- Chris Pratt is, without question, the best part of Jurassic World, bringing charisma and plenty of spunk to a movie that features far too many one-dimensional characters. Pratt proved in 2014's Guardians of the Galaxy that he has the chops for playing a leading man in a summer blockbuster, and here, he does whatever he can to bring some vigor to a role that could have so easily been "generic action hero" had it been assigned to the wrong actor.
- The dinosaurs chomping on helpless humans is pretty entertaining, but nothing takes the cake like a fight near the end involving the I. Rex, a T. Rex, and the velociraptors. My inner Godzilla/giant monster fanboy was having the time of his life watching the dinosaurs ripping each other to shreds, and though it's not the first dino vs. dino fight in the series, it's the best one by miles. The thrills are handled with much more care, effects-wise, than the two previous films and don't boil down to just "humans running away from hungry dinosaurs." Tthe dinosaur action, overall, provides an enjoyable ride that will keep you amused for two hours, and when taking everything else into account, that's enough to suffice.
- Nothing has hamstrung the Jurassic Park franchise more than lazy, inept writing, and that issue rears its ugly head once again here. We don't need to make too much fuss about how the plot is basically an overblown rehash of Jurassic Park, but I do feel the need to discuss that one-dimensional character business a little bit more. The worst one-dimensional character in the bunch is the human villain, the head of InGen Security Vic Hoskins (Vincent D'Onofrio), who seeks to use the velociraptors for military operations. This guy is bad news from the first moment we meet him, and absolutely nothing changes for him over the course of the film. He's just a greedy bad guy. Nothing more and nothing less. Meanwhile, Zach and Gray serve no purpose to the film other than to fill the "child/children in danger" role that has been included in every film so far in the franchise. Them two being in danger is the only reason that Claire has for running around with Owen, and I applaud Bryce Dallas Howard for doing the best she can to not make her character seem totally useless.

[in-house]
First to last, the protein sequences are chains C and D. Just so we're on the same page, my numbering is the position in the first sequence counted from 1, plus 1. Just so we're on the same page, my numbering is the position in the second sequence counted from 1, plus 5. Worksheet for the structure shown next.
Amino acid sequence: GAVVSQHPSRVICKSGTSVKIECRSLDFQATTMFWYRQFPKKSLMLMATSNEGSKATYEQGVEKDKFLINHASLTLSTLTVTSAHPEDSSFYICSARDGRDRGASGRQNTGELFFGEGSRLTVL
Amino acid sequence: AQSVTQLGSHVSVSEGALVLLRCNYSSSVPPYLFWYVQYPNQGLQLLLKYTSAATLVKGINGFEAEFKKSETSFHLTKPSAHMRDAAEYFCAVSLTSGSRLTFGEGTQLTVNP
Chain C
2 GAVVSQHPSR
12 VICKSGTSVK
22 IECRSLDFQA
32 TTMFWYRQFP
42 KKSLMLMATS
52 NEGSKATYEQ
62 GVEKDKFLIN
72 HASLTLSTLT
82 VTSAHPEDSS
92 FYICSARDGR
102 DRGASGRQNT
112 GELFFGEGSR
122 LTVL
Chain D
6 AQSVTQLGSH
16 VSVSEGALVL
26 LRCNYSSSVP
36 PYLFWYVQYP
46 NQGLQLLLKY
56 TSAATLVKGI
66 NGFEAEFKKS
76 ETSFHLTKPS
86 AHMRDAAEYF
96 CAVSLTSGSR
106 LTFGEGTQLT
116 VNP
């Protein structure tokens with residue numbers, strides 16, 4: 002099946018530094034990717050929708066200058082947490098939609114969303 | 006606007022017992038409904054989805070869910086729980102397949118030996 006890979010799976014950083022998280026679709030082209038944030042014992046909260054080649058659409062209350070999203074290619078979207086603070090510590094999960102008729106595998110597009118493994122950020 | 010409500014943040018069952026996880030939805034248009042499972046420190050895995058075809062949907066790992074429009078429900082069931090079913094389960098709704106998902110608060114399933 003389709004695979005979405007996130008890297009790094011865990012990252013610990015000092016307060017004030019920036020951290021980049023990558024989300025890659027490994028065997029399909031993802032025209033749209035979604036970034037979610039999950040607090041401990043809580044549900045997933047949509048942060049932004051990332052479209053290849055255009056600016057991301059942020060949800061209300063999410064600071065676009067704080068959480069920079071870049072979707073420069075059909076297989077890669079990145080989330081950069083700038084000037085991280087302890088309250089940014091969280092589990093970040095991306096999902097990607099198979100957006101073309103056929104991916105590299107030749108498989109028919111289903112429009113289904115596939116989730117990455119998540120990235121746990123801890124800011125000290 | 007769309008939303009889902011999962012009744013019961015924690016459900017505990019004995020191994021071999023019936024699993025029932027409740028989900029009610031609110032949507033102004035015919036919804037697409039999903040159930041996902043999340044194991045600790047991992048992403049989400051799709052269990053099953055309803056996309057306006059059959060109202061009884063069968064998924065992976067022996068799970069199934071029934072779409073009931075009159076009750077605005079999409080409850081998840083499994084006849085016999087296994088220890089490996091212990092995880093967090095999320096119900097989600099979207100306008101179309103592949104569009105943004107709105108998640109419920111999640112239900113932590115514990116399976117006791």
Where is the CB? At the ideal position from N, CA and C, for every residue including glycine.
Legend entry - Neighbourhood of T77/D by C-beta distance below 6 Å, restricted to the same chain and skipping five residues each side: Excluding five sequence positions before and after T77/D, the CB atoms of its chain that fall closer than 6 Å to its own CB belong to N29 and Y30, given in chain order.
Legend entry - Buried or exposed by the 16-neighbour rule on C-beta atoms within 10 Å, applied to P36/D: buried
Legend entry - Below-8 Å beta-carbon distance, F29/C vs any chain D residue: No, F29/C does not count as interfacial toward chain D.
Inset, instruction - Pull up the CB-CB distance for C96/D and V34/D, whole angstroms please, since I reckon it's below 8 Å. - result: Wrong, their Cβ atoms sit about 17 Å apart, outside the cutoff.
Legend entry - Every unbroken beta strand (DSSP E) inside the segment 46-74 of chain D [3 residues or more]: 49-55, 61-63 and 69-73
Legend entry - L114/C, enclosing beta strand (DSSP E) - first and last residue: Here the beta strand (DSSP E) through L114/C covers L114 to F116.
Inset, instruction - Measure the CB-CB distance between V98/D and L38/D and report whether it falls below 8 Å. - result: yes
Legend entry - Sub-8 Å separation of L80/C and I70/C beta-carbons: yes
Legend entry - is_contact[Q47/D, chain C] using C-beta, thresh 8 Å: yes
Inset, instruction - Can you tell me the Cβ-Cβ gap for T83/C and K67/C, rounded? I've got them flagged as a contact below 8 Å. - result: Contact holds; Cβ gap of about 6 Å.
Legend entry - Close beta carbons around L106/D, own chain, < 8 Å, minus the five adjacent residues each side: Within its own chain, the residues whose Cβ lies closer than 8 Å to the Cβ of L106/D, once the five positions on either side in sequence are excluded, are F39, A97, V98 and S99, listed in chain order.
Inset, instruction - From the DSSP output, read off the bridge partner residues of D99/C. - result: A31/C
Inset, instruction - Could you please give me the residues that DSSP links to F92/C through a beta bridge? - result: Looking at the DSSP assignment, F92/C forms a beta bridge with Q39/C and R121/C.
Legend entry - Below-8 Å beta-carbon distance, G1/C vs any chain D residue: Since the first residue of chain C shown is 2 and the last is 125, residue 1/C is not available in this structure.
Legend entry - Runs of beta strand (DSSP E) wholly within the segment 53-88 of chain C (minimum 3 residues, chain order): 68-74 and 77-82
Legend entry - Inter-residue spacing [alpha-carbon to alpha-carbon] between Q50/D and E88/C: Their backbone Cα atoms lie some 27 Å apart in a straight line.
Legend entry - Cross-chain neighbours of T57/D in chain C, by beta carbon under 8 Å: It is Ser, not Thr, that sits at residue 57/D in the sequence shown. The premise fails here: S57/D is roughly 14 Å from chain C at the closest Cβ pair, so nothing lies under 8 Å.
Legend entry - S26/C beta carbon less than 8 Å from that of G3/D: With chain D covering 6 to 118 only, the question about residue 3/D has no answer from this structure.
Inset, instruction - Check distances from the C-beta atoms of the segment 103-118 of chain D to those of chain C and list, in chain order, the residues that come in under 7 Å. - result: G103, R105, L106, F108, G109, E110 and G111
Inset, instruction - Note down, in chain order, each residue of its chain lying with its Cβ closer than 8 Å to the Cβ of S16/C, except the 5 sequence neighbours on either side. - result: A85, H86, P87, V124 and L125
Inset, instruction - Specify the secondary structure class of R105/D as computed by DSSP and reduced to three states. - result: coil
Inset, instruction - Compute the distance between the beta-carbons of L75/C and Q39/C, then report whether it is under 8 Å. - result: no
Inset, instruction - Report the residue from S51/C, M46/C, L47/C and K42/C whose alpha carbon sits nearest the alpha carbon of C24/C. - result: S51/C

So yeah, the flat characterization is one sign of the lackluster screenplay, with another one being the number of moments taken straight out of Jurassic Park, such as a T-Rex eating a goat and our two main characters tending to an injured dinosaur. These moments don't come off as paying homage to the franchise's first film; instead, they come off as lazy repetition, suggesting that screenwriters Connolly, Trevorrow, Rick Jaffa, and Amanda Silver didn't want to spend time thinking up original ideas, so they decided to recycle old ones, thinking to themselves, "people liked seeing these moment in Jurassic Park, so they should like seeing these moments in our movie too!" How in the world did this screenplay take so long to get figured out?
It's probably a little too harsh to call Jurassic World a mediocre summer blockbuster. It has the right kind of leading man in Chris Pratt, and the CGI effects are top notch, right where the franchise needs them to be in order to be successful. But the kind of screenplay that the movie has would easily lay the groundwork for a mediocre summer blockbuster, making it all the more appalling that it took this long for the movie to get made. They waded through potential idea after potential idea, just to arrive at a final product that looks highly derivative of Jurassic Park. Though Jurassic World is far from being one of the worst summer blockbusters I've ever seen, it ought to be further proof of how creativity and originality have evaded this franchise for years. The worst part of it all is that Fallen Kingdom has shown no signs of improvement.
Recommend? If you're a huge fan of Jurassic Park and the franchise as a whole, then go for it. Otherwise, I'd only recommend it for a fairly diverting two hours.